Spreading awareness and knowledge about owls is crucial for their conservation. You can organize educational workshops, presentations, or nature walks to share information about owl behavior, habitat requirements, and the threats they face. By enlightening others, you can inspire them to take action in protecting owls and their habitats.

5. Participate in Citizen Science Projects

Citizen science projects allow individuals to contribute to scientific research by collecting data and observations. There are various projects that focus on owls, such as monitoring owl populations, tracking migration patterns, or studying their diet. By participating in these projects, you can provide valuable information to researchers and contribute to a better understanding of owl conservation.

6. Visit Owl Sanctuaries and Educational Centers

Supporting and visiting owl sanctuaries and educational centers can be a great way to learn about owls and support their conservation efforts. These facilities often house owls that cannot be released into the wild due to injuries or other factors. By visiting these places, you not only get a chance to observe and appreciate owls up close but also contribute financially to their care and conservation programs.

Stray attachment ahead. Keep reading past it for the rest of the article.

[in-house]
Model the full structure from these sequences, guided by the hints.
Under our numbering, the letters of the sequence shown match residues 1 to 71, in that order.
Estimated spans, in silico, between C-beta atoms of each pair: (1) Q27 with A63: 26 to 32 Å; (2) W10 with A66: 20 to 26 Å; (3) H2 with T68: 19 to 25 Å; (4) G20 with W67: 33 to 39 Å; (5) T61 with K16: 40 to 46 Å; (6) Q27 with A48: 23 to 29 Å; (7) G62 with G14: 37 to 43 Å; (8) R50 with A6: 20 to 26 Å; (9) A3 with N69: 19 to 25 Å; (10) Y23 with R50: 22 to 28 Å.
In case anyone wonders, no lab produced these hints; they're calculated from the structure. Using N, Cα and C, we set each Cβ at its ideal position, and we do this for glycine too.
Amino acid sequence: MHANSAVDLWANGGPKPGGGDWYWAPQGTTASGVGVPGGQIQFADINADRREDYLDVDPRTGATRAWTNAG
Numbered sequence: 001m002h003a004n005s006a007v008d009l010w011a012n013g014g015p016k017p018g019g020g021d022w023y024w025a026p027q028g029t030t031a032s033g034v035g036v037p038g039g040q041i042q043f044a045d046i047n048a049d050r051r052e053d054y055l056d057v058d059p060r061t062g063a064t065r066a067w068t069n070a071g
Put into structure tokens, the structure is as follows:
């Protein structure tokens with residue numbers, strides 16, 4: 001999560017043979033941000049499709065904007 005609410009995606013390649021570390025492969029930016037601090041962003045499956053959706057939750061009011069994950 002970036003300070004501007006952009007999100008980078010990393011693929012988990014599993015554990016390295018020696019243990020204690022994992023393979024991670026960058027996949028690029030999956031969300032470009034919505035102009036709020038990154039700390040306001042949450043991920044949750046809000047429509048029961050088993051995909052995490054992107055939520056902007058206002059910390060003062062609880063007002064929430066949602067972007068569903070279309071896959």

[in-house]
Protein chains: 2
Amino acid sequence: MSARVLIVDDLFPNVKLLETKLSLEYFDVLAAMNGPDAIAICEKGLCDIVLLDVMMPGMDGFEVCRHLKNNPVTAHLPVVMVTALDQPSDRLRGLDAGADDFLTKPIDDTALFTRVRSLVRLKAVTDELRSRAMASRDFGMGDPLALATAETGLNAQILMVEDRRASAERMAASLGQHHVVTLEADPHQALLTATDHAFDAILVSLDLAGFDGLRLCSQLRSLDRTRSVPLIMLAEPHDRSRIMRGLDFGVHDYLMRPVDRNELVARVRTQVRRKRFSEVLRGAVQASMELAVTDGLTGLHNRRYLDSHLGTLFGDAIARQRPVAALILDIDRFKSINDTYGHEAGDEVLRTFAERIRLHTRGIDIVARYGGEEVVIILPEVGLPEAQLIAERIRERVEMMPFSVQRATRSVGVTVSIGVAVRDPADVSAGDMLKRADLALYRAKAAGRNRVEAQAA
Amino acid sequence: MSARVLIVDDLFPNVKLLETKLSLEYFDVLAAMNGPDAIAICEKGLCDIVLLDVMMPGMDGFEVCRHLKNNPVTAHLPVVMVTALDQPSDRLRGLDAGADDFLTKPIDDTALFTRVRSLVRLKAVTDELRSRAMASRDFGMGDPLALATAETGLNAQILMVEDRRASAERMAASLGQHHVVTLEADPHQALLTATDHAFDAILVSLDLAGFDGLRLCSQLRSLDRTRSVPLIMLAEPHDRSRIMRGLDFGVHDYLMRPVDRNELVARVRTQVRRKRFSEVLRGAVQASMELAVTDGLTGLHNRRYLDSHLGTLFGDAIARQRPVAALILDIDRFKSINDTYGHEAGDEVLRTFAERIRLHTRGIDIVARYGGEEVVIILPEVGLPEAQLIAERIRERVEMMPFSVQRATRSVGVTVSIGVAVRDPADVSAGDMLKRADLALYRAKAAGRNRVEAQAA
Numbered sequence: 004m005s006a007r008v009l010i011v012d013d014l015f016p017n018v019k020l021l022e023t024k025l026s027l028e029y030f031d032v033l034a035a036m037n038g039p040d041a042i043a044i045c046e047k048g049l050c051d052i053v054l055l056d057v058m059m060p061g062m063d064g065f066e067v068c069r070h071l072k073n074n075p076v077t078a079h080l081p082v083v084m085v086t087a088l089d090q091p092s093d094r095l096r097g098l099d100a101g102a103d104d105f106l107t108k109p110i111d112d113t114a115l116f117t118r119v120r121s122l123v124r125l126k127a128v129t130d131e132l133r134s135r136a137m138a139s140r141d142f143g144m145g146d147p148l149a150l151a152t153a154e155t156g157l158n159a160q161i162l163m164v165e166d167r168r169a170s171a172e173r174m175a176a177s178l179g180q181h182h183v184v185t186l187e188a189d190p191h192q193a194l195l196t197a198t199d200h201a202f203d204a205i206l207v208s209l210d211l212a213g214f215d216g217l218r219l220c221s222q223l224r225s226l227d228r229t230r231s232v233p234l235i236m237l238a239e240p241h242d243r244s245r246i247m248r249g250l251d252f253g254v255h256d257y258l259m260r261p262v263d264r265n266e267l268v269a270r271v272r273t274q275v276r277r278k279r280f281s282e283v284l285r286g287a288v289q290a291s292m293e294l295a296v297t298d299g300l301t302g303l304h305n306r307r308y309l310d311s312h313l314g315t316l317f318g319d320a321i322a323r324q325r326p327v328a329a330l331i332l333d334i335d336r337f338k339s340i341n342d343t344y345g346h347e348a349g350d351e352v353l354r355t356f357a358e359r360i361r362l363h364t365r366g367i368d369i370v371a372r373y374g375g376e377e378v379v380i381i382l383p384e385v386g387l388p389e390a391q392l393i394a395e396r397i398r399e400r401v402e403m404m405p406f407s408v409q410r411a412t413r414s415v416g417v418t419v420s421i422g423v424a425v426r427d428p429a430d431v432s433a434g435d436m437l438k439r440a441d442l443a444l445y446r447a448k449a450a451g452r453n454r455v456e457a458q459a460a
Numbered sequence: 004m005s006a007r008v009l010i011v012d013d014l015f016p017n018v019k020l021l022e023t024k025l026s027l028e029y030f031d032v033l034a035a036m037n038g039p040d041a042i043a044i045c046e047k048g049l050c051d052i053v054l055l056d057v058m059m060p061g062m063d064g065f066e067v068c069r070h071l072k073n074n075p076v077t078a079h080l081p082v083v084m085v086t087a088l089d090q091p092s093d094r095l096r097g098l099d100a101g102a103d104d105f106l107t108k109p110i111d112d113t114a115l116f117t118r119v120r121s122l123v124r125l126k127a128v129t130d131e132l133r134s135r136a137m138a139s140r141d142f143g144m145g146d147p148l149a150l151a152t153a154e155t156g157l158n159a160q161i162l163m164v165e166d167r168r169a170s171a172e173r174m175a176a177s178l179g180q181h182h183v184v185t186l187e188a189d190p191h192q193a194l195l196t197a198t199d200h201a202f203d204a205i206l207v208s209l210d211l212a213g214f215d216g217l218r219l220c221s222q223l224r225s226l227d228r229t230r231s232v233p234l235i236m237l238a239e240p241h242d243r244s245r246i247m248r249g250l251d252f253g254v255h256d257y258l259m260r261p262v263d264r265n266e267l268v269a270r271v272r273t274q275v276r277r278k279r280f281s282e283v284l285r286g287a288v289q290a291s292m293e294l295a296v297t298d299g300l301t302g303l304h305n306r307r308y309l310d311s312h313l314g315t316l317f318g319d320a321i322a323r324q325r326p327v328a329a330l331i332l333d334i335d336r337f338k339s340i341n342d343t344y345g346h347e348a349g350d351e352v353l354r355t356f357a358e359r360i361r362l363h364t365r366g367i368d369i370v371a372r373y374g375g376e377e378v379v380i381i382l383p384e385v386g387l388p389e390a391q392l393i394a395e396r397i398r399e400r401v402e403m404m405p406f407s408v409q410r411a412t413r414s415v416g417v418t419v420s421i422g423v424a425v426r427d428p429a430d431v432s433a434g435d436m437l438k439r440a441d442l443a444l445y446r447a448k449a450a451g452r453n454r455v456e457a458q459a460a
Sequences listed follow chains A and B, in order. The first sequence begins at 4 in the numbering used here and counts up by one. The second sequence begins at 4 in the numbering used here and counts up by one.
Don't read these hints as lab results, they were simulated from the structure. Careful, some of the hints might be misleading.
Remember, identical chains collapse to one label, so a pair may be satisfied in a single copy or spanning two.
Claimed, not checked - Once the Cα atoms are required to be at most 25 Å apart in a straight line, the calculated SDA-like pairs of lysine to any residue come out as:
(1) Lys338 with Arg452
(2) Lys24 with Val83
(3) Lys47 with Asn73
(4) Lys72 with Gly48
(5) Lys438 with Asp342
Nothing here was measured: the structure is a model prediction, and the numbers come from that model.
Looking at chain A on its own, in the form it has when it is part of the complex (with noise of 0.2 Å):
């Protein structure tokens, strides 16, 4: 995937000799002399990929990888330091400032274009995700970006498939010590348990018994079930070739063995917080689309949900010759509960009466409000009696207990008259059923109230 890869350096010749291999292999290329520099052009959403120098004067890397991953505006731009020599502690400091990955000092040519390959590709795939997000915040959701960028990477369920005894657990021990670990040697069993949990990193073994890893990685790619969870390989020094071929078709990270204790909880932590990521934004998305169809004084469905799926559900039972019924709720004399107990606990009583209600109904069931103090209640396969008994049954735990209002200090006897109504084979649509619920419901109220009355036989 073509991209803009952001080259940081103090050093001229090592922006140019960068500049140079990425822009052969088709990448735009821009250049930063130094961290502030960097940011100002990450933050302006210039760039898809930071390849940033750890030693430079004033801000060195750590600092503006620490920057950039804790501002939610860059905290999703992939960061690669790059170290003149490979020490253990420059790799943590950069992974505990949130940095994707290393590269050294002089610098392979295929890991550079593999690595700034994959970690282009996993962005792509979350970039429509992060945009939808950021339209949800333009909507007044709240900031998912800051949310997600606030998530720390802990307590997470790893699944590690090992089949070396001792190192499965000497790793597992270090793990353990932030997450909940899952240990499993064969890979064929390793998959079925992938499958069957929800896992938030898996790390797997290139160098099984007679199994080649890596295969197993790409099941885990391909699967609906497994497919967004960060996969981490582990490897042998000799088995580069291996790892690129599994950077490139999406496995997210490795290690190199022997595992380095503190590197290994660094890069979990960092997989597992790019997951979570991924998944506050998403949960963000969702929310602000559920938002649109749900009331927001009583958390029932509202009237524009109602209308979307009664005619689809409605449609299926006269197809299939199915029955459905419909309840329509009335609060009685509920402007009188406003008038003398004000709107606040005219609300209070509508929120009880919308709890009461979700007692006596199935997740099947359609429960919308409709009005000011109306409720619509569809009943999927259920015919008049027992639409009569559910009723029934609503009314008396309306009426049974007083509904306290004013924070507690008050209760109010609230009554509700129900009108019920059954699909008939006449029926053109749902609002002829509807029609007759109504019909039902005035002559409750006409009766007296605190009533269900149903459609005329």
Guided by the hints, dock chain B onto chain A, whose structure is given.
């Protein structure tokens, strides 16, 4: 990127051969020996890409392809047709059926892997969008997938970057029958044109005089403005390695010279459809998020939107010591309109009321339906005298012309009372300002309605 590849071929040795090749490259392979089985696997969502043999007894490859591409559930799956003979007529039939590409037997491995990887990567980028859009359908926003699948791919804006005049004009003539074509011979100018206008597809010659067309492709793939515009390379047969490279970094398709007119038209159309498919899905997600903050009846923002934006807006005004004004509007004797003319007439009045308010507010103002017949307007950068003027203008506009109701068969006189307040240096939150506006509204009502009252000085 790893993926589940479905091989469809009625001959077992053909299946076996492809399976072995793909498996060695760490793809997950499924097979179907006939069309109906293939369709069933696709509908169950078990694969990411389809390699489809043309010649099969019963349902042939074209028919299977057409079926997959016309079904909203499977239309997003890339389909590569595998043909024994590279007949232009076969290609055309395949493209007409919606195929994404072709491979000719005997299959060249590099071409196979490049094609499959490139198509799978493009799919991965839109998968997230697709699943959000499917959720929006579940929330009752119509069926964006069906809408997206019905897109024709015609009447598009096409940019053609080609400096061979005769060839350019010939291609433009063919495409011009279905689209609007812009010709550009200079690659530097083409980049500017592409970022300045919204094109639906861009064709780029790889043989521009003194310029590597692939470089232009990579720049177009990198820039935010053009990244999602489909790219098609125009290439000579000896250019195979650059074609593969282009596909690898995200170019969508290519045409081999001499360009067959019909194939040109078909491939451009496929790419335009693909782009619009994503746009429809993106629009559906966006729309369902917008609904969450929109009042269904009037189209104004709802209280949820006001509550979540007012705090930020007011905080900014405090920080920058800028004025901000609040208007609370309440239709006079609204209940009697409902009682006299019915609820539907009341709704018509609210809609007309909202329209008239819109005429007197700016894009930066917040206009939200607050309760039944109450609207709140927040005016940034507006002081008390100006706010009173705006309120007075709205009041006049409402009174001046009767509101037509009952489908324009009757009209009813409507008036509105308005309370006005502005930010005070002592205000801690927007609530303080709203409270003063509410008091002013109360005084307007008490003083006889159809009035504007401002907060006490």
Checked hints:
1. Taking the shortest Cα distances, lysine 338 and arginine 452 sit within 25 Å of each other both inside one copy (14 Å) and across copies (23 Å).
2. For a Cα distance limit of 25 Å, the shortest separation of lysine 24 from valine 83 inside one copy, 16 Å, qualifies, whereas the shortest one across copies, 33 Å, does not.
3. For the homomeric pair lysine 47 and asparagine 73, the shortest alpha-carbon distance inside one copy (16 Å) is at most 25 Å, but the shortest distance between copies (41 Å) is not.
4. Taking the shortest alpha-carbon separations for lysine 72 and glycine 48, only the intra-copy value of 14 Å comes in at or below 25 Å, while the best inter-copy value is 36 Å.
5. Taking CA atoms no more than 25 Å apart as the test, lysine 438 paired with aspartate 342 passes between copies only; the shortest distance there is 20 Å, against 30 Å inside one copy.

Owning an owl as a pet is not a responsible choice and can have negative consequences for these magnificent creatures. However, there are many alternatives to owning an owl that allow us to appreciate and support owl conservation. By volunteering at owl rehabilitation centers, supporting conservation organizations, creating owl-friendly habitats, educating others, participating in citizen science projects, and visiting owl sanctuaries, we can all make a positive impact on owl conservation and ensure a bright future for these captivating birds.


Is it legal to own an owl?

The legality of owning an owl varies depending on your location and the species of owl. In many countries, owning certain species of owls is restricted or requires special permits and licenses. It is important to check with your local wildlife authorities or government agencies to understand the regulations and requirements in your area.


In conclusion, owning an owl as a pet is a complex matter that varies from region to region and depends on several factors. While it may be legal in some places with the proper permits and licenses, it is important to consider the ethical implications and the welfare of the owl. Owls are wild animals that require specialized care and habitat. Additionally, owning an owl may not be suitable for everyone due to the commitment, time, and resources required to provide for their unique needs. It is crucial to consult with local authorities and wildlife experts before considering owning an owl as a pet.